The joyous effects are every where visible! At the return of harmony in Congress, the heart of every true friend to America exalts; the people, who in great numbers, before were alarmingly seperated in affection and confidence from their own Government, and rendered jealous of the first characters of their own election, convinced of the snares spread for their country by foreign intrigue, are now crowding to its standard and consecrating their fortunes and lives for its defence. To signal a providence for the detection of fraud, and the coalition of a people, divided and consequently sinking into inevitable destruction is perhaps a novelty in the Annals of nations—

While solemnly grateful to the all discerning eye of divine benevolence, which has brought to light those hidden things of darkness, by which so many of us have been so unhappily deceived, we congratulate our Country at large that numerous private friendships, which were violated, and otherwise good neighbors and important connections estranged from one another, are now returning with mutual ecstasy to the paternal embrace. The uninformed and unreasonably impassioned only, stand at a forbidding distance.

Disgusted at the illiberal acts and avarice of those, with whom our Envoys were admitted to converse and at the refusal of audience by the french directory after so friendly an advance accompanied too with Every mark of respectful attention to so great a people, a revolt from our over heated affection, for such a Government cannot fail of being the consequence. Sincere and ardent were our attachment to the interests of the French nation, while they stood on their own defence, and preserved a spirit limited by the decisions of reason; but when Universal empire seems to be adopted as their object; and the darkness of intrigue, as a favorite measure, to accomplish their nefarious designs when the price of friendship with America is the prostitution of her wealth, her honor, her independence, it must be our duty to reprobate their pride and spurn their insulting demands. Nor can the genuine Sons of America, tho’ friendly to France and with their illustrious Executive, desirous of forming an alliance upon foundations mutually just and beneficial, forbear pledging themselves for the defence of their invaluable rights against the unprovoked invasion with which we are threatned.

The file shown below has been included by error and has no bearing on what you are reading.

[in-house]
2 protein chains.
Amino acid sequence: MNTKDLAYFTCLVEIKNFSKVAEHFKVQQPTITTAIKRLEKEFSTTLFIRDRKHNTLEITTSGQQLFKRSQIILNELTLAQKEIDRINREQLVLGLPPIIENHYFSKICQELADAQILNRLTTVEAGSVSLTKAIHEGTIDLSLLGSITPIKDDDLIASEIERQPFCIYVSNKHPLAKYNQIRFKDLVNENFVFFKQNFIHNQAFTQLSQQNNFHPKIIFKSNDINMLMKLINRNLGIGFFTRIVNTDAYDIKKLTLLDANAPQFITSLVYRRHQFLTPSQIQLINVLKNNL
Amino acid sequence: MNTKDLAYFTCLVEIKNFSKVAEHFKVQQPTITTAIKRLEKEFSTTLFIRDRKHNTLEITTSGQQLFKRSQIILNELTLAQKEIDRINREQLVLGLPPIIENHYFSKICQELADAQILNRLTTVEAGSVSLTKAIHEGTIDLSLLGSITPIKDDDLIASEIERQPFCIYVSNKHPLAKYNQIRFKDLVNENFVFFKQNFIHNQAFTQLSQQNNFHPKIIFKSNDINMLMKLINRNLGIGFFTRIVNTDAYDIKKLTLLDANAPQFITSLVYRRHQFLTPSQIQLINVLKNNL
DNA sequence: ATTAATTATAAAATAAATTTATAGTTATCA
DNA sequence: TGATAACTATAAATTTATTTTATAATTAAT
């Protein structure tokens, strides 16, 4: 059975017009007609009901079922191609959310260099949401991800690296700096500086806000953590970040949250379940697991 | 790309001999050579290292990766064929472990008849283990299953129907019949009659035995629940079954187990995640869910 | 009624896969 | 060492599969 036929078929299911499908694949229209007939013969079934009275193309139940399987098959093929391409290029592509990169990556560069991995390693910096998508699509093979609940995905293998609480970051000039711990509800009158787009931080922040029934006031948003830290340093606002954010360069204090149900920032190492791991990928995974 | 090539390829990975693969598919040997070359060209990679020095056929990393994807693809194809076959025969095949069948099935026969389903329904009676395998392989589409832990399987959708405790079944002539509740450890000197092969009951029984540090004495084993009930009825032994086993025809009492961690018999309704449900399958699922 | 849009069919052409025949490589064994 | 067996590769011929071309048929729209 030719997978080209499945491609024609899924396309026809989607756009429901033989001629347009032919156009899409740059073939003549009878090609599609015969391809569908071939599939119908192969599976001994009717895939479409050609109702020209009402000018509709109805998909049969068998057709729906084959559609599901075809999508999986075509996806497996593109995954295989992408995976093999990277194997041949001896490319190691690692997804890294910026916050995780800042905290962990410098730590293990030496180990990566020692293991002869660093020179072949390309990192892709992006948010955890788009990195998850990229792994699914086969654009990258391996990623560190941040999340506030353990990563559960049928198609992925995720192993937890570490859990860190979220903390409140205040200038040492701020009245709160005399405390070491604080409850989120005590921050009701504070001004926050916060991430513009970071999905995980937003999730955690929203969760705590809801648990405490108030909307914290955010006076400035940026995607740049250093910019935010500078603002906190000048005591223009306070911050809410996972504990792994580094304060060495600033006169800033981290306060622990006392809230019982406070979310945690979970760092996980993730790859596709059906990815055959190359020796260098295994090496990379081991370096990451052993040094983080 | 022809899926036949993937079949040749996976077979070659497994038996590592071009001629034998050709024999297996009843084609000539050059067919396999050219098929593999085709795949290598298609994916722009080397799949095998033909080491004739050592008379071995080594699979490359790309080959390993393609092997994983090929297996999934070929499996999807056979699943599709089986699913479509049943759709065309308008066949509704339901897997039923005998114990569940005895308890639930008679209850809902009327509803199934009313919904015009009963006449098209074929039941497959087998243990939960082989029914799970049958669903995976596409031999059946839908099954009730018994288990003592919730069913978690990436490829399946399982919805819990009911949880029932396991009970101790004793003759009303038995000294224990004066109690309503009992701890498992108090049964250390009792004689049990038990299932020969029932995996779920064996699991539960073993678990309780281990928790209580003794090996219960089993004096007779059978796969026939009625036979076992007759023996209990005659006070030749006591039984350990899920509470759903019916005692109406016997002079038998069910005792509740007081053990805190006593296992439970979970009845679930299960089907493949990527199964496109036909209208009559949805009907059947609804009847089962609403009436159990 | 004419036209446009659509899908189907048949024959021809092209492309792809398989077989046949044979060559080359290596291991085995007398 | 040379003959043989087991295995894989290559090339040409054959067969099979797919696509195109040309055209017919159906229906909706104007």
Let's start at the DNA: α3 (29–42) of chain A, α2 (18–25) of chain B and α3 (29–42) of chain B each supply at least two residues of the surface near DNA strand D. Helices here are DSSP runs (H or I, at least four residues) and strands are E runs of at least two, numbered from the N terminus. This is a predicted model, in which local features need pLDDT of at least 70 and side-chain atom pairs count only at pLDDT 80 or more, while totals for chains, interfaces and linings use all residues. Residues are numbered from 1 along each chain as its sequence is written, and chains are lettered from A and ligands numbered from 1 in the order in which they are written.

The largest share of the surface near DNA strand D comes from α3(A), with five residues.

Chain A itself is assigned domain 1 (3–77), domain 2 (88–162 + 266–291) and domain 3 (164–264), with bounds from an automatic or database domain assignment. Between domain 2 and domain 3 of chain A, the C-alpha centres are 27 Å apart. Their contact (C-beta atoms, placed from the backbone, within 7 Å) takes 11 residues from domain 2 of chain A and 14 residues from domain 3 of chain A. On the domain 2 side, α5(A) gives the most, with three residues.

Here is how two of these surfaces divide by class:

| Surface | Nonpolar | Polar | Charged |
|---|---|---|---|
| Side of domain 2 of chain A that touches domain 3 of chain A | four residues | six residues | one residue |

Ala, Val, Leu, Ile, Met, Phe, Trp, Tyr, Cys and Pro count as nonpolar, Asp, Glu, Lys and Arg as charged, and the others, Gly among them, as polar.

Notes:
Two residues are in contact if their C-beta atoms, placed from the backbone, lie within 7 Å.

Acquiescing, Sir, most cordially in your publick administration, wishing you the guidance of Heaven, in every duty of your important and most difficult station, and that the pen of slander however artfully aimed may never penetrate to disturb your inward peace & tranquility, or discourage your exertions, still so needful, for the prosperity of your country.

We beg leave to subscribe ourselves your confirmed friends &ca.

The Committee on behalf of the Town

Ezra Weld

Ebenr. Thayer

Moses French

Samuel Curtis

Caleb Hayward

Atherton Thayer

Benj Hayden junr.

Solomon Thayer

Daniel Fragg

Josiah Vinton

David P. Hayward

Nath Wales

John Holbrook

Isaac Thayer

The foregoing is a true Copy from the Original

MHi: Adams Papers.